Tuesday, June 30, 2009


Today in class we primarily discussed women in the postwar era. Such as, how women were getting married and having kids at young ages, which resulted in the baby boom. Also how women were placed in a domesticity sphere and how odd it would be if they left the sphere and got a job other than being a housewife.

We talked about appliances again in correspondence with Betty Crocker and her cake mixes. Surprisingly enough, I didn't even know that Betty Crocker wasn't a real person. The pictures that were put on Betty Crocker's merchandise changed as the years went on. Where in the 50's, Betty looked very motherly and like a housewife, but in the 80's she looked like a business woman. Funny how ideals change.

Ideals with television also changed. After the war, sitcoms such as I Love Lucy and the Honeymooners expressed women's dislike of being a housewife and wanting to enjoy the world outside her home. However a couple of years later, sitcoms like I Love Lucy and Ozzie and Harriet expressed totally different ideals. Instead, June Cleaver was a happy housewife who enjoyed waiting on her husband and sons' hand and foot.

After this discussion, we watched Eyes on the Prize, which was about African-American students trying to break the color barrier and enter non-integrated all white schools. Watching this film made me realize once again in my life how fortunate I am to able to go to school with people of all different races and even be able to attend such a great summer program at an Ivy League School.

The past 7 days of class I had has taught me a lot, and refreshed my memory about WWII and the Cold War era. I am able to learn more about society rather than government as I had in school. In regards to its teachers and classes, Brown would be a great school to go to. But the atmosphere and lack of excitement don't really suit me; which explains why I am so excited for our trip to New York/Columbia University.

Well, I will talk to everyone tomorrow! Goodnight.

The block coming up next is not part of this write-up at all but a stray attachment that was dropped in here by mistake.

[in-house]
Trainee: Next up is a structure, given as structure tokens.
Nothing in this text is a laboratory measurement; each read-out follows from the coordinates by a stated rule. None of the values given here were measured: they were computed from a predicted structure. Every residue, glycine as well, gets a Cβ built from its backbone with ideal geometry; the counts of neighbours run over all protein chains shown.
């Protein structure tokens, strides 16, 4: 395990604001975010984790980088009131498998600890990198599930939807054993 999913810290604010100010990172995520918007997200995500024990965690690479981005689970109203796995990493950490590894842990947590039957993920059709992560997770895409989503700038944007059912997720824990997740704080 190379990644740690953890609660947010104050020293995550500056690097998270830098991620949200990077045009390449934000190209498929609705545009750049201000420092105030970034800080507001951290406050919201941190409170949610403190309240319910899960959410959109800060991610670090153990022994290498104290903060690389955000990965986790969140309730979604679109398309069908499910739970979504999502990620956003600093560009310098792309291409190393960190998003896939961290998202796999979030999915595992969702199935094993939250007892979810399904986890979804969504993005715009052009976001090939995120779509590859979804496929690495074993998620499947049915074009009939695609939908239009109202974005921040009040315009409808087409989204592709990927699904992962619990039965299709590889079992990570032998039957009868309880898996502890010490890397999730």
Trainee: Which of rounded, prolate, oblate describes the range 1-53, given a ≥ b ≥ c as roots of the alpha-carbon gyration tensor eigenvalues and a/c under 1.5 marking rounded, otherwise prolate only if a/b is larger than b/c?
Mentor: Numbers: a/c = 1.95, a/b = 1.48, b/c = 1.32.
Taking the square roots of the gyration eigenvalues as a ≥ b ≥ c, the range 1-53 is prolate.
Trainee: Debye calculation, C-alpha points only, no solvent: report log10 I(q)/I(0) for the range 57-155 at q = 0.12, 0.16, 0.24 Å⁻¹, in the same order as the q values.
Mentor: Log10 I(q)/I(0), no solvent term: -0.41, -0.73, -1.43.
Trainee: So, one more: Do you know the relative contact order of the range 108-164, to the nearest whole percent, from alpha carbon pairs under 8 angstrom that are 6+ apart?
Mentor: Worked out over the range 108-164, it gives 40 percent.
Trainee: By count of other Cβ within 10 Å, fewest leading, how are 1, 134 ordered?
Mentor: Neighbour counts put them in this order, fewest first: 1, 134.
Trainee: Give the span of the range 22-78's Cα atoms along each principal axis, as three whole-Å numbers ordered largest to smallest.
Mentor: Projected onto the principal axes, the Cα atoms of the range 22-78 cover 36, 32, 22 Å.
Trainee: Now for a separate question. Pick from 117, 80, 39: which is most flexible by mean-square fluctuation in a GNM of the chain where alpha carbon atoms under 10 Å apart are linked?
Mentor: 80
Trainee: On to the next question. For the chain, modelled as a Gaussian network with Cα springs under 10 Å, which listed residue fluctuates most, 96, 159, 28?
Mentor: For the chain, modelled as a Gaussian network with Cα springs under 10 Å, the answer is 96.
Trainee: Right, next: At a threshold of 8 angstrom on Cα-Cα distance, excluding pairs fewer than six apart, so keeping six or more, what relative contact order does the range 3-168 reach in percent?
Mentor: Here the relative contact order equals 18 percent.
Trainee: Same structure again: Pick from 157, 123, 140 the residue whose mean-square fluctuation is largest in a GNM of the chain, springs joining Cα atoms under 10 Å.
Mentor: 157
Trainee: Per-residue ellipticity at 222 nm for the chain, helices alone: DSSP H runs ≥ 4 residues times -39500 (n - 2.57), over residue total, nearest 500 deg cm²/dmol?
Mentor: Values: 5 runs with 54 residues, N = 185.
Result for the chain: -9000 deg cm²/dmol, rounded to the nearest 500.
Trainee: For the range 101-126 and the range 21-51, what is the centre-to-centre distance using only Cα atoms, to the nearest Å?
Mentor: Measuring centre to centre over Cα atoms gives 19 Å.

1 comment:

Don Gosney said...


During WWII most of the young men were off fighting the war while the women were at home getting a taste of working for a living. With such a distance between them, the procreation and expansion of the family was kind of tough.

When the war was over, though, and all of these lonely men came home, they made up for their abstinence with a vengeance. They remembered what they fought the war for and they embraced the idea of creating a family.

Many of the women who had worked during the war liked the feeling of accomplishment they felt when working as well as earning their own money. Many of them liked the freedom they had being independent from their husbands—having their own money and not having to ask for an allowance. It was tough for them to take a step backwards and return to the life of a subservient housewife.

Things changed, Avauna, and they were never going back to the way they were.

One of things about some of those old TV shows that continues to amuse me is the way those TV moms dressed. They always wore dresses with heels of some sort and they almost always had a nice necklace around their necks. They always seemed to wear their makeup—even when doing their housework.

As much as anything else, they were the product of the male dominated and male controlled TV business and they depicted what these men wanted to see when they returned home from a hard day at the office. It was their version of The Stepford Wives.

I remember my own mother and grandmothers during those times, though, and I don’t recall seeing the makeup, the heels or the dresses around the house. (I also don’t recall the spotless houses, the folded clothes or the dinner on the table at 5:30. They were watching the same shows I was—weren’t they paying attention?).

Can I ask you, Avauna, to expand on your comments about how Brown might not be the best fit for you? You’re the only one that can make the decision, of course, but I’d be interested in understanding what it is that you find out of place for you.

Keep us informed, too, about the progress of the class and whether it ever approaches what you thought it might be about. Maybe you can tell us a little bit about that, too. Just what were your expectations?